John Henry Sandor of Rockville, MD passed away of natural causes on March 18, 2012 at the age of 97.
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He is survived by his wife Victoria; his sister Martha Smith; three nieces and two nephews. Born in Walsenburg Colorado to Hungarian immigrants Louis and Magdaline Sandor in 1914, John lost his father in a coal mining accident when he was 4, but persisted through the great depression to complete high school in 1932. Undeterred by his family's financial limitations, John hitchhiked to Northwestern University and worked his way through college performing various jobs from bus boy to car salesman, graduating in 1937 with a degree in political science and receiving a commission as Ensign in the U.S. Naval Reserve Officers Corps.
John subsequently entered flight training and was commissioned Ensign in 1938. He served throughout WWII as a pilot attaining the rank of Captain while performing multiple tasks including instructing at Corpus Christi Texas, photographic officer on the USS Minneapolis, catapult launched reconnaissance flights from the heavy cruiser USS Mobil, and a squadron leader and fighter pilot aboard the carriers USS Bataan, USS Tulgai and USS Kassan Bay. Serving in both the European and Pacific fronts he was an executive officer during the invasions of Philippines, Iwo Jima and Okinawa. Following the war John continued to serve aboard the USS Leyte as commanding officer of fighting squadron 173. Unfortunately his harrowing escape from a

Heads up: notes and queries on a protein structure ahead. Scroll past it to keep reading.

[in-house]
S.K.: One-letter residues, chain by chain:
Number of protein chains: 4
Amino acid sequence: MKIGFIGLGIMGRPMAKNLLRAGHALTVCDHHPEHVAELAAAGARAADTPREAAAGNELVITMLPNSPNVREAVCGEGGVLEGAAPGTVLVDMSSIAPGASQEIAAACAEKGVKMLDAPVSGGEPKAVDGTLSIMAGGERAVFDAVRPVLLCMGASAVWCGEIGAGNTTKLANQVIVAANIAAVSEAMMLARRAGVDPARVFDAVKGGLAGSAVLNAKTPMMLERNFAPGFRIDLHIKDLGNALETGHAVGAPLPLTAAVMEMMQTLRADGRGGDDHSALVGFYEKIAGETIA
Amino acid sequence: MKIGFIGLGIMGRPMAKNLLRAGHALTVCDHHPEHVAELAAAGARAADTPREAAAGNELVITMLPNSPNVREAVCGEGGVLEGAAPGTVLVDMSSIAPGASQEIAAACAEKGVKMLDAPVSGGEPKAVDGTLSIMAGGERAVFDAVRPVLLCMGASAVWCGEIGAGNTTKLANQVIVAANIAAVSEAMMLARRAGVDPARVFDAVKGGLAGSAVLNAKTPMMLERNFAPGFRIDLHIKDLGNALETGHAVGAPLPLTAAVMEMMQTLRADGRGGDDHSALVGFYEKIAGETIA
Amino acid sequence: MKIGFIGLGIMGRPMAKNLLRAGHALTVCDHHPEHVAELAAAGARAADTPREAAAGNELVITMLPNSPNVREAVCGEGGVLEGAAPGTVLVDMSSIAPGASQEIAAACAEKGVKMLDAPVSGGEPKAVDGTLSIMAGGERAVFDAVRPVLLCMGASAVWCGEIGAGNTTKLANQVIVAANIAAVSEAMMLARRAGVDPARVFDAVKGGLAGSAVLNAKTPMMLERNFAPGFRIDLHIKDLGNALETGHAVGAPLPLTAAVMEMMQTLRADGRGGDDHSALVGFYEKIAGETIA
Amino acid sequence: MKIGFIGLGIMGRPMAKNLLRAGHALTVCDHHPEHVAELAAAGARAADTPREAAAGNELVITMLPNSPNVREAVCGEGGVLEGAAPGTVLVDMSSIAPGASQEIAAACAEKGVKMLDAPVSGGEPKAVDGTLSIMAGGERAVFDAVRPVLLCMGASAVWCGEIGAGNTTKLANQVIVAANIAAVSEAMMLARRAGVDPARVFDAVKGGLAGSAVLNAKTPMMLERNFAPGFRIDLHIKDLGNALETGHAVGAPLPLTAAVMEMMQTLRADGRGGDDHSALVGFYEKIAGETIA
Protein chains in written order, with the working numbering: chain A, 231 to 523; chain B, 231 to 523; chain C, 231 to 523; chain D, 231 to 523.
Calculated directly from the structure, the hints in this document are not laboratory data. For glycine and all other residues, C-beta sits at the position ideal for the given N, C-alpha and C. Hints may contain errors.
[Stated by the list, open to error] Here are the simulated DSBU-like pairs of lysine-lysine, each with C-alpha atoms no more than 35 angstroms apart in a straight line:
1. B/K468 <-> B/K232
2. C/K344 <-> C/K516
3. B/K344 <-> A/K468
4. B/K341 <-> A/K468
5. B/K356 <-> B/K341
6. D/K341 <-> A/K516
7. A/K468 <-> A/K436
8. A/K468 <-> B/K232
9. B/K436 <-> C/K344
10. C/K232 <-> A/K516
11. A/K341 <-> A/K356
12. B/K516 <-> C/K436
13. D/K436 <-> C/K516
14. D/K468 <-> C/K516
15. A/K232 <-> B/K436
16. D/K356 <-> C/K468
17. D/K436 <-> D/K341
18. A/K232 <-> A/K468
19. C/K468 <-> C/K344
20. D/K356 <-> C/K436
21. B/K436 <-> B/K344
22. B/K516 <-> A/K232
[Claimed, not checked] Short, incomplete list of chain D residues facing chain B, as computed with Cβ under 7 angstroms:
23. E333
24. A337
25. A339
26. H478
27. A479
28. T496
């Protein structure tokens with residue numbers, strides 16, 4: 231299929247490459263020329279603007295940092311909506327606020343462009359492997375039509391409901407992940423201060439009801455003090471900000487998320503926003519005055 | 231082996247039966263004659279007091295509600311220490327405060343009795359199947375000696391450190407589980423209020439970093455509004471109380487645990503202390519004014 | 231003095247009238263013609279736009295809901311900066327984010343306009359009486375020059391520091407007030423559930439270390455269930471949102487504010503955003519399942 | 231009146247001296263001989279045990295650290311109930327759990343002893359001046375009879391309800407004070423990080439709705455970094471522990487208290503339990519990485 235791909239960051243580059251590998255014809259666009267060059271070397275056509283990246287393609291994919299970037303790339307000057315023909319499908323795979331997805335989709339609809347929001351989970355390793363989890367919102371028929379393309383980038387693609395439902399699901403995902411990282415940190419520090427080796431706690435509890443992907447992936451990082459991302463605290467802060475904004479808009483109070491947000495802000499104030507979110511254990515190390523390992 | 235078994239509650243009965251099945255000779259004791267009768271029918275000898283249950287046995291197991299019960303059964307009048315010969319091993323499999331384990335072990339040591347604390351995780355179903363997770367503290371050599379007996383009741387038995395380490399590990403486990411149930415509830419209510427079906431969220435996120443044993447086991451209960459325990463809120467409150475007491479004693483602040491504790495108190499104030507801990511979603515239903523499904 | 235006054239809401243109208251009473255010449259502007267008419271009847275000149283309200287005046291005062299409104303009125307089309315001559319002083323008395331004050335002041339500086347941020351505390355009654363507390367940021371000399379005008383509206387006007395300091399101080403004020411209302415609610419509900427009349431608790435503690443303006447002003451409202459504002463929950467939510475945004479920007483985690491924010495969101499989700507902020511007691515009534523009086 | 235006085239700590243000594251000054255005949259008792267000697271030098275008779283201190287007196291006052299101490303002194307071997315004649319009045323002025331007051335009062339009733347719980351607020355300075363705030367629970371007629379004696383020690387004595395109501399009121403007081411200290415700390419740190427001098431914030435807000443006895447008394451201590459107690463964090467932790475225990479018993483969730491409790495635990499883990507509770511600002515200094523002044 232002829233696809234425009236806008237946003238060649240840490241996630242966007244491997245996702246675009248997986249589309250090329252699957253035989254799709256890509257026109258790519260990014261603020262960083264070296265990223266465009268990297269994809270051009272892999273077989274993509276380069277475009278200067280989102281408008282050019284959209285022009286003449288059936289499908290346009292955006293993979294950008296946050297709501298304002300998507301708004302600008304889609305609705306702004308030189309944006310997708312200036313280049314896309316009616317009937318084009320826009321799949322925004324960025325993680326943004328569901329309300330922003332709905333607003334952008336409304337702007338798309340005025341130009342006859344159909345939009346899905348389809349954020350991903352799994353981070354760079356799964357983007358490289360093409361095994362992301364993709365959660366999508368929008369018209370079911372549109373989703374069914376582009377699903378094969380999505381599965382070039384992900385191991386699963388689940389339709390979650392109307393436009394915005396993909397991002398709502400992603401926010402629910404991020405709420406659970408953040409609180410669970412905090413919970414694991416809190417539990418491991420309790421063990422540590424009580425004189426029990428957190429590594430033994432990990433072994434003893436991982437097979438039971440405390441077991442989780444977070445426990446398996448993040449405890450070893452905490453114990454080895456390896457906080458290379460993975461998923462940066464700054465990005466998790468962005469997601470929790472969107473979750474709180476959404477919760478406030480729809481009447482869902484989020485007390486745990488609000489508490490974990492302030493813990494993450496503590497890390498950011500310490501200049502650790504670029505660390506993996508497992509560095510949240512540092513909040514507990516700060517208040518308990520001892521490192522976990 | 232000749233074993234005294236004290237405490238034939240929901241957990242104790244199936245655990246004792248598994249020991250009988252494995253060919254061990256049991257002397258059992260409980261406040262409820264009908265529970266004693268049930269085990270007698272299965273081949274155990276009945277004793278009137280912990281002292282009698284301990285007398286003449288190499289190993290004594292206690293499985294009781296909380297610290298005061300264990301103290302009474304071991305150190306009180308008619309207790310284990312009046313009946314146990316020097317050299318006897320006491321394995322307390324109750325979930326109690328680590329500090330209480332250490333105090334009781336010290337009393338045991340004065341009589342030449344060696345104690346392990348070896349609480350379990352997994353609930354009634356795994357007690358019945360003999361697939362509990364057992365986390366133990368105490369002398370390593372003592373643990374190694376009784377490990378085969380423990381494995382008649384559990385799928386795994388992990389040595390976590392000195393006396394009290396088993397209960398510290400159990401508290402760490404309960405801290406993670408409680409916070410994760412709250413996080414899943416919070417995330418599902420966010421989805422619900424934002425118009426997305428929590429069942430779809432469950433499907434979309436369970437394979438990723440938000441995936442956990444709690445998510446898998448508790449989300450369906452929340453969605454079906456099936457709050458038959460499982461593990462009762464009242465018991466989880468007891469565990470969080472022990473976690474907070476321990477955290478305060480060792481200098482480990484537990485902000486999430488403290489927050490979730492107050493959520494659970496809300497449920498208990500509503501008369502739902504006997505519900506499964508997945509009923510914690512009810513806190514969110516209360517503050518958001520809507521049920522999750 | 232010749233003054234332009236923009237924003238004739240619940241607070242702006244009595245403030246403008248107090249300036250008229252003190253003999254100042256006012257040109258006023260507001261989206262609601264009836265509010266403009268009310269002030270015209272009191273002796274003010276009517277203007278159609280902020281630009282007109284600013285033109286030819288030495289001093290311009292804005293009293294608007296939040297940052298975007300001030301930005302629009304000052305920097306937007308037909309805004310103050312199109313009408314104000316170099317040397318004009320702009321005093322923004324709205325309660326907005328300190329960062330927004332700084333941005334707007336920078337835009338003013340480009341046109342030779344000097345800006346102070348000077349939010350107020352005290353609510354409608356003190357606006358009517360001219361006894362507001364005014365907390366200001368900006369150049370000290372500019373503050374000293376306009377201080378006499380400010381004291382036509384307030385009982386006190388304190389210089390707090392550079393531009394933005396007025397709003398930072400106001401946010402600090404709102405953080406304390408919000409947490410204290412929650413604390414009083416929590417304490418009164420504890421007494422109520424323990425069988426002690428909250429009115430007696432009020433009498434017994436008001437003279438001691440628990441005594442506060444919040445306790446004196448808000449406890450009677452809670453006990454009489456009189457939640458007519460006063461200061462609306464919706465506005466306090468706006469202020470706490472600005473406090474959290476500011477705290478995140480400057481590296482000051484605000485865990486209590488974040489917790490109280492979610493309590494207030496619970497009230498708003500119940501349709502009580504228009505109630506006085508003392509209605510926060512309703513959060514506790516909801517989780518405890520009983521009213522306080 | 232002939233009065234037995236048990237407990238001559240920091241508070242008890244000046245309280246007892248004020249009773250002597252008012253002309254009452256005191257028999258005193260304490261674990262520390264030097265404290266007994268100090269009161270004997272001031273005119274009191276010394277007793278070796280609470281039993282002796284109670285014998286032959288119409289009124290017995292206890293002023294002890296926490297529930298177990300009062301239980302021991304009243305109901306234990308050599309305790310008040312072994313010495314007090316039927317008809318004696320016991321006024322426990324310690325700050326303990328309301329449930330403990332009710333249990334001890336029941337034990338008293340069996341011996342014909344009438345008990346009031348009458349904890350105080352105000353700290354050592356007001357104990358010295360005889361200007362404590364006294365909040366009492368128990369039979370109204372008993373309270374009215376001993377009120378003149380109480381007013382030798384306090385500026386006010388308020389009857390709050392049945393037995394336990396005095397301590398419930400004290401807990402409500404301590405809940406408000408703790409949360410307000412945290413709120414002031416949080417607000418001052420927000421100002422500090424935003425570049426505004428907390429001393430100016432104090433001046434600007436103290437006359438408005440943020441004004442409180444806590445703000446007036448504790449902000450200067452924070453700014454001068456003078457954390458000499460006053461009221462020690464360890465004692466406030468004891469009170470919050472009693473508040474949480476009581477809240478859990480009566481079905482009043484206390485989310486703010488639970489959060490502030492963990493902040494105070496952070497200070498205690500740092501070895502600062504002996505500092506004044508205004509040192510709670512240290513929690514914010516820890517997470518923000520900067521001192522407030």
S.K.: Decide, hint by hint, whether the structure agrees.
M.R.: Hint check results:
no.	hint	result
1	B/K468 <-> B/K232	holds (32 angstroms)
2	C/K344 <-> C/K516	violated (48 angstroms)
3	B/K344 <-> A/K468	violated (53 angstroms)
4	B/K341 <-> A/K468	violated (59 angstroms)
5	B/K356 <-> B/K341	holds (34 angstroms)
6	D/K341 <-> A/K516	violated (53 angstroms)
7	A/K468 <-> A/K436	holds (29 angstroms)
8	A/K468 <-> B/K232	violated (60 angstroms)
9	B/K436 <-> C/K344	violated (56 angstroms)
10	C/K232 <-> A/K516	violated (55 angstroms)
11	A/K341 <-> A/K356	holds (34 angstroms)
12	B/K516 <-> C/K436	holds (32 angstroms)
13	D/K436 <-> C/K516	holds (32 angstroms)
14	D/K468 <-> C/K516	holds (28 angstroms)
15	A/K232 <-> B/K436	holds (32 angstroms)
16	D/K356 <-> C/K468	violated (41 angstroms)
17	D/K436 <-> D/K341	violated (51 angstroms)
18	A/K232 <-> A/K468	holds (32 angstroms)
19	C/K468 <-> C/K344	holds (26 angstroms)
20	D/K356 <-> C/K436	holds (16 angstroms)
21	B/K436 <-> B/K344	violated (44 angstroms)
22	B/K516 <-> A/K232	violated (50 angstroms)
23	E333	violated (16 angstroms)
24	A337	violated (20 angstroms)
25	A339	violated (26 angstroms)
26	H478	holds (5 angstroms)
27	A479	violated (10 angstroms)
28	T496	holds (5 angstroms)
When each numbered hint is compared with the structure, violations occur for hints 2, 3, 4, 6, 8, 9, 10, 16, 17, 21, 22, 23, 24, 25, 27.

test flight crash resulted in injuries that ended his flying career and he retired from the Navy in 1947. He returned to his education at Denver University attaining a J.D. degree in 1953 and entered private practice in his home state of Colorado, mainly serving underprivileged/underrepresented clients.
John lost his first wife to a train wreck in North Carolina while serving in 1943, but while traveling in Russia in 1957 he fell in love with his interpreter Victoria and they were married shortly thereafter by an officer of the state. John then embarked on the daunting task of getting her out of Russia during the height of the cold war, a process that took over six months and involved spending several months personally in Russia. Following extensive news coverage and John's persistent requests, including writing directly to Soviet leader Khrushchev, John prevailed. Victoria was granted a visa and they left Russia together in May of 1958.
After traveling through Europe they returned to the states and John accepted a position as assistant Attorney General for the State of Minnesota, embarking on a career in litigation that focused on the Dairy Industry Unfair Trade Practices Act. This work involved appeals to the State Supreme Court and led to his appointment in 1961 as a trial attorney in the office of General Council in the U.S. Department of Agriculture working under the Agricultural Marketing Agreement Act of 1937, once presenting a case to the U.S. Supreme Court.
John also began private practice in the District of Columbia in 1963, working pro-bono on many philanthropic cases including establishment of a housing cooperative to provide housing for minorities in the Shaw area of Washington DC and establishing a non-profit corporation in Washington with adjunct offices in Uganda for the purpose of providing protein minimum needs to people of African nations.
John retired from civil service after 25 years and enjoyed his retirement by sharing time at his properties in Ocean City and Rockville Maryland. He became an avid snow skier late in life, continuing this well after his vision deteriorated from macular degeneration.
A memorial service will be held December 2, 2013 at 11 a.m. in the chapel at Cedar Lane Unitarian Church in Bethesda, followed by a full honors burial at Arlington Cemetery at 3 p.m.
Published in The Washington Post on Nov. 7, 2013